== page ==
The role of community assets in improving health and well-being in later life
9 June 2017
Policymakers across the world are becoming increasingly interested in improving health and well-being by creating a more inclusive community-based society. In 2010, the UK government stressed the need for a ‘Big Society’; one where individuals engage more with the facilities in their local community. The aim was to reduce inequalities and improve health and well-being, with a focus on localism, devolution, volunteerism and social enterprise.
One important aspect of the Big Society was ‘Community Assets’. A community asset is: “…the collective resources which individuals and communities have at their disposal, which protect against negative health outcomes and promote health status”. Examples of community assets include charity, voluntary or community groups. These community assets can lead to an increase in social inclusion and a decrease in loneliness, which have both been associated with better health.
In this afternoon of short talks, we will hear the academic theory and evidence which supports a community asset approach, alongside some real examples of where this is taking place in Salford. We will finish by presenting evidence, based on the CLASSIC cohort, on the effectiveness of community assets at improving health and well-being, and leading to a net societal benefit.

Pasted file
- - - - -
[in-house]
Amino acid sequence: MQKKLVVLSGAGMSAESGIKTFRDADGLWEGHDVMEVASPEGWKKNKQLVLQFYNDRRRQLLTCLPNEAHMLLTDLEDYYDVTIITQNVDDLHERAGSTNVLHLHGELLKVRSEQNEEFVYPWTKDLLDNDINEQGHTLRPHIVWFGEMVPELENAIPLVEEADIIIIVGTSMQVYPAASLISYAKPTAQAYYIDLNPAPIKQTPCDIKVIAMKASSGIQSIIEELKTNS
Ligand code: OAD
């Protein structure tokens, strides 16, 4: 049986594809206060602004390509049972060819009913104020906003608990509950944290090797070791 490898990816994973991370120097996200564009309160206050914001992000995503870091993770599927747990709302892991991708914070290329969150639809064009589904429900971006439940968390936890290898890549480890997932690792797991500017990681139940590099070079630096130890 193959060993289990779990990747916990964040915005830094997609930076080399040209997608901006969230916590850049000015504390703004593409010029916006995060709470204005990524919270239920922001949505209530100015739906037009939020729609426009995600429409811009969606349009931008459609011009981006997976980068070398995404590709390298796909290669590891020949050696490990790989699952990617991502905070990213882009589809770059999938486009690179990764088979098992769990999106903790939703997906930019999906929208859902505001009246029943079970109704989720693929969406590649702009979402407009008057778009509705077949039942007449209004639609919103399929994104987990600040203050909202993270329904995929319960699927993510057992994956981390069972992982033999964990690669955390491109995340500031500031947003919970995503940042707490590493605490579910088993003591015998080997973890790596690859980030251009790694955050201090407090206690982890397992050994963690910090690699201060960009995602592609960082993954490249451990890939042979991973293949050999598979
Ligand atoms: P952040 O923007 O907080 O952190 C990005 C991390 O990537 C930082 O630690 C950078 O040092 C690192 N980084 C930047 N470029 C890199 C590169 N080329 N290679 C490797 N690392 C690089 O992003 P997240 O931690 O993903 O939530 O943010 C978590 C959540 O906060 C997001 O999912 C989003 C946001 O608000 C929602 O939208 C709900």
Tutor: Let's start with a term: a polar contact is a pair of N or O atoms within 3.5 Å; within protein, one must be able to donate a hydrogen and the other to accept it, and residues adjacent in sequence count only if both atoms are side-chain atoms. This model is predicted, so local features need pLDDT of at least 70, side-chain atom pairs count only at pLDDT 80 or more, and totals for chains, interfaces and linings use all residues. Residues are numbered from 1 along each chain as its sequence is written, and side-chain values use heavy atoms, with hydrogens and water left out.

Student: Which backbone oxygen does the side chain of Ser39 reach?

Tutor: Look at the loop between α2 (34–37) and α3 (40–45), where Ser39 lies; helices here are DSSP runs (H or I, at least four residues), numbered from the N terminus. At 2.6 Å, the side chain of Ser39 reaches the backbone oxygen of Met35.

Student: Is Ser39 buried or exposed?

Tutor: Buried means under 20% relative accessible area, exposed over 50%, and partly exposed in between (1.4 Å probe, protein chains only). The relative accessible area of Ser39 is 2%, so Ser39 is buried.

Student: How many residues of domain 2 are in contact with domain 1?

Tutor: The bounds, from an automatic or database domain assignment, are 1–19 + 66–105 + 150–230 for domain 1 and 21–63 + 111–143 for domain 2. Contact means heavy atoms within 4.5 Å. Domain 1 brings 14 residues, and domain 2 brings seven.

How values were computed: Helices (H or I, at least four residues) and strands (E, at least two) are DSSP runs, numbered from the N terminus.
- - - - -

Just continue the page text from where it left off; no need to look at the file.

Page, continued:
- Prof Matt Sutton – Professor of Health Economics, University of Manchester
- Prof Pete Bower – Professor of Health Services Research, University of Manchester
- Bernadette Elder – Chief Executive Officer of Inspiring Communities Together
- Dr Luke Munford – Research Fellow in Health Economics, University of Manchester
- Role of Community Assets in supporting good health and wellbeing - Bernadette Elder (PowerPoint, 2.8MB)
- Participation in Community Assets and Health-Related Quality of Life and Health Care Utilisation Amongst Older People - Luke Munford (PowerPoint, 411KB)
- Social Prescribing: Less rhetoric and more reality - Paul Wilson (PowerPoint, 183KB)